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Residential alcohol treatment center in Superior to close

A Superior inpatient recovery center for people struggling with alcohol abuse will close by mid-July, according to a statement by the Human Development Center.

A Superior inpatient recovery center for people struggling with alcohol abuse will close by mid-July, according to a statement by the Human Development Center.

The 20-bed facility, at 1500 N. 34th St., has housed people undergoing a 30-day residential treatment program whom the center says it will try to serve as outpatients. Those Douglas County clients still requiring residential care for sobriety probably will be sent to facilities in neighboring communities.

"There is a great need in the community for these services, but we can't financially make it work any longer," Jim Gruba, HDC

executive director, said in a statement released Monday. "The total amount of funding provided by state and county is capped, and we've been unable to secure additional funding sources."

He explained that private payers, such as insurers, have failed to fill the widening gap.

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"The payments we receive have not increased, while our expenses have continued to grow," Gruba said. "We got to a point where our expenses far exceeded our revenues."

The center finished 2008 about $250,000 in the red, with about $100,000 of that loss attributable to the Superior inpatient recovery center.

About 12 employees will be affected. While the organization said it hopes to reposition some of these staff members, six to eight people likely will lose work.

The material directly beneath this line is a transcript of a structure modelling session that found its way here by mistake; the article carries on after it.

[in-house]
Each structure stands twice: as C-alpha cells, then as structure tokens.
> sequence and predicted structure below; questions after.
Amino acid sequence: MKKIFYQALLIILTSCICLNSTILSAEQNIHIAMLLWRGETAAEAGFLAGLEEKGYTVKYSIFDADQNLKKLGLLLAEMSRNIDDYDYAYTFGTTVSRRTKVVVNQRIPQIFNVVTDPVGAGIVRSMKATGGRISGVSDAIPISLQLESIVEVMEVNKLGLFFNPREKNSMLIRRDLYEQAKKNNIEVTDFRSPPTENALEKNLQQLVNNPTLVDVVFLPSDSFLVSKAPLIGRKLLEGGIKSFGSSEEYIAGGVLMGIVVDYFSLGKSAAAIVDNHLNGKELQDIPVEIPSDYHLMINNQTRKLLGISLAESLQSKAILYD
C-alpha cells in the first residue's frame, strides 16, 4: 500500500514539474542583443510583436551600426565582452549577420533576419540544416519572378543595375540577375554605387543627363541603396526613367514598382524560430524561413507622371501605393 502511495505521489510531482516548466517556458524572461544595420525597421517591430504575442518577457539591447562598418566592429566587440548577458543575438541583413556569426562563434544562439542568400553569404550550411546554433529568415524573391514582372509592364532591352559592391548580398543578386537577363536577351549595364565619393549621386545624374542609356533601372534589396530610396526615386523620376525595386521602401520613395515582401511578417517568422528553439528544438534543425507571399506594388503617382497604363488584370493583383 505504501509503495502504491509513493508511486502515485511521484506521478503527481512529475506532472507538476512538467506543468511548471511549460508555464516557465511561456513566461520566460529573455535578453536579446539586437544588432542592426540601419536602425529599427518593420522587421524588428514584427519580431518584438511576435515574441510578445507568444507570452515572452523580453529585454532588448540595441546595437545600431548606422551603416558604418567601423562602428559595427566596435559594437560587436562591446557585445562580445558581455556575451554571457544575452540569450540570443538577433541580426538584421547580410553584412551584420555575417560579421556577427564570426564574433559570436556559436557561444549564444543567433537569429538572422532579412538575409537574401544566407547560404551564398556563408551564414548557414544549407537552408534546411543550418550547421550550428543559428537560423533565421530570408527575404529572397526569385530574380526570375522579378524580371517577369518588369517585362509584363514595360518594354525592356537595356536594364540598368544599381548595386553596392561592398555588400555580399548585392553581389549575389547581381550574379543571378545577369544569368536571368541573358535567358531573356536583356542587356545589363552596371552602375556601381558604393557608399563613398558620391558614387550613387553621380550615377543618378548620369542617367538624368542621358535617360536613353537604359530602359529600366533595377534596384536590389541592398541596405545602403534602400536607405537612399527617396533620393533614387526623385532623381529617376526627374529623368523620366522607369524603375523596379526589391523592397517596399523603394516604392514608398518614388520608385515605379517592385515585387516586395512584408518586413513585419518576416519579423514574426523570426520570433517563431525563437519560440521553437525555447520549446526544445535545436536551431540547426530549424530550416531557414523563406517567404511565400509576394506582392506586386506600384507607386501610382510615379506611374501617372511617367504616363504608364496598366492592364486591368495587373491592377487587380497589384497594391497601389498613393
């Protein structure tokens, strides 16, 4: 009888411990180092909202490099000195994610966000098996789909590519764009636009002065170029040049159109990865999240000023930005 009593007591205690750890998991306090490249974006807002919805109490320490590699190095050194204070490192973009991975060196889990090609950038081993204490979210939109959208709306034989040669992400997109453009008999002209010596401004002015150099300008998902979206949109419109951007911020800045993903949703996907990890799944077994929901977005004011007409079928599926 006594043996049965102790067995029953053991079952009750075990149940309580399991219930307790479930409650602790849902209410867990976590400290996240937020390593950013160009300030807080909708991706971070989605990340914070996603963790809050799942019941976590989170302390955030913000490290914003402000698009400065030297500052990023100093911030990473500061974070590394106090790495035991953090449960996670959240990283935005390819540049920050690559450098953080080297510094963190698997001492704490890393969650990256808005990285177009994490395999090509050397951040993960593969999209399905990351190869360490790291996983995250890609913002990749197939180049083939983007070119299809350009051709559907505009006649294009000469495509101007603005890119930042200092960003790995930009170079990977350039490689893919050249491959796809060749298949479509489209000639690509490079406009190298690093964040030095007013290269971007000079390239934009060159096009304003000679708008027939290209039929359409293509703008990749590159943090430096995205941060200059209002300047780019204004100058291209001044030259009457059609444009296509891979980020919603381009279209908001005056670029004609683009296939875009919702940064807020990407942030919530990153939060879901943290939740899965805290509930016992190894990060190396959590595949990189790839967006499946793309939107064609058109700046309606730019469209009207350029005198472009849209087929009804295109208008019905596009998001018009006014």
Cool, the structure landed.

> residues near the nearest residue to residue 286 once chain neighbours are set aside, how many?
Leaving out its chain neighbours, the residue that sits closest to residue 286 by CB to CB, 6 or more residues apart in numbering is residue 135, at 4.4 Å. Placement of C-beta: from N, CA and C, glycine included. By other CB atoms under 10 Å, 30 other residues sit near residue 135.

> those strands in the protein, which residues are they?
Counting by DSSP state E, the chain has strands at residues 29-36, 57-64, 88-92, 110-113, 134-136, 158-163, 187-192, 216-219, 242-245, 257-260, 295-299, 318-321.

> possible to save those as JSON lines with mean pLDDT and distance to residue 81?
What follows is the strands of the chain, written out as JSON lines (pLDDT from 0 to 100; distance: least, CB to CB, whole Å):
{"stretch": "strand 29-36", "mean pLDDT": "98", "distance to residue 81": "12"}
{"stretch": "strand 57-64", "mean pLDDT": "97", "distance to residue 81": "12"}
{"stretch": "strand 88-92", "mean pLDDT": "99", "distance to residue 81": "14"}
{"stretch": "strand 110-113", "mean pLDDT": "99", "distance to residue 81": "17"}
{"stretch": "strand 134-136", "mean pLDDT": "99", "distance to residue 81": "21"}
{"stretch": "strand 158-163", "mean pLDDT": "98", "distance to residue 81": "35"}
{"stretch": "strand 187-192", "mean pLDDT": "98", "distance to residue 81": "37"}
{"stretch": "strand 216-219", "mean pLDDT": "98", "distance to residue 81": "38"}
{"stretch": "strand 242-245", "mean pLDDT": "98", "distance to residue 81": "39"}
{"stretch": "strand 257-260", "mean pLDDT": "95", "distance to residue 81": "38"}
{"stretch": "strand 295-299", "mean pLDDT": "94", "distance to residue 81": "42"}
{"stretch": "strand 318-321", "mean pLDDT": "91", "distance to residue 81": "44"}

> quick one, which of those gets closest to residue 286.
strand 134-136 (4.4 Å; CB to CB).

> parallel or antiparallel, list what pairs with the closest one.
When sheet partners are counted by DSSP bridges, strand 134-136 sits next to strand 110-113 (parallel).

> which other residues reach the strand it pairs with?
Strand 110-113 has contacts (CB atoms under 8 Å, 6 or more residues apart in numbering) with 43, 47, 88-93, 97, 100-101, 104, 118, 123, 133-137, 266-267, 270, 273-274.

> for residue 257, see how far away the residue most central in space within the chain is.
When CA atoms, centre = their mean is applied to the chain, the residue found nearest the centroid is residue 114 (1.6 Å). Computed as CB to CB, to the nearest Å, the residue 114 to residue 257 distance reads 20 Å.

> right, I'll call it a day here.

To put that in perspective, the Human Development Center employs about 300 people, and the anticipated staff reductions would constitute a 2 to 3 percent cut.

In all, 112 clients were admitted to the inpatient program last year.

The HDC plans to continue outpatient services in Douglas County, including psychiatry, individual and group chemical-dependency treatment, individual, group and family therapy, Community Support Program case management, Jill's Place and a number of family and children's services, many of which are delivered in clients' homes.

But Gruba said outpatient services aren't enough.

"It's going to be impossible to completely replace inpatient care with outpatient programs," he said. "We will do the best we can, but if someone is struggling to stay sober, having them live in a place where no alcohol is allowed and where staff is always on site makes a lot of sense."

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Douglas County will look at sending residents to neighboring communities for help, Patricia Schanen, director of health and human services, said. Those destinations could include Memorial Medical Center in Ashland, the L.E. Libertas Center in Chippewa Falls, Wis., or the Center for Alcohol and Drug Treatment Inc. in Duluth, which already provides detox services for Douglas County.

Wisconsin generally prefers to keep residents in-state for treatment, according to Dave Longsdorf, Douglas County's director of mental health and treatment of alcohol and other drug addictions.

"But being a border county, we've had to draw on resources in Duluth before, and that continues to be an option," he said.

The closure of the Superior recovery center will leave 8,500 square feet of space available available. Gruba said that ideally, the HDC, which owns the building, would lease the space to another nonprofit.

If no such suitable tenant emerges, he said the agency could look at leasing to a private-sector tenant instead.

The Human Development Center is a private nonprofit community mental-health center established in 1938. It serves residents of Douglas, Carlton, Cook, Lake and St. Louis counties.

Peter Passi covers city government for the Duluth News Tribune. He joined the paper in April 2000, initially as a business reporter but has worked a number of beats through the years.
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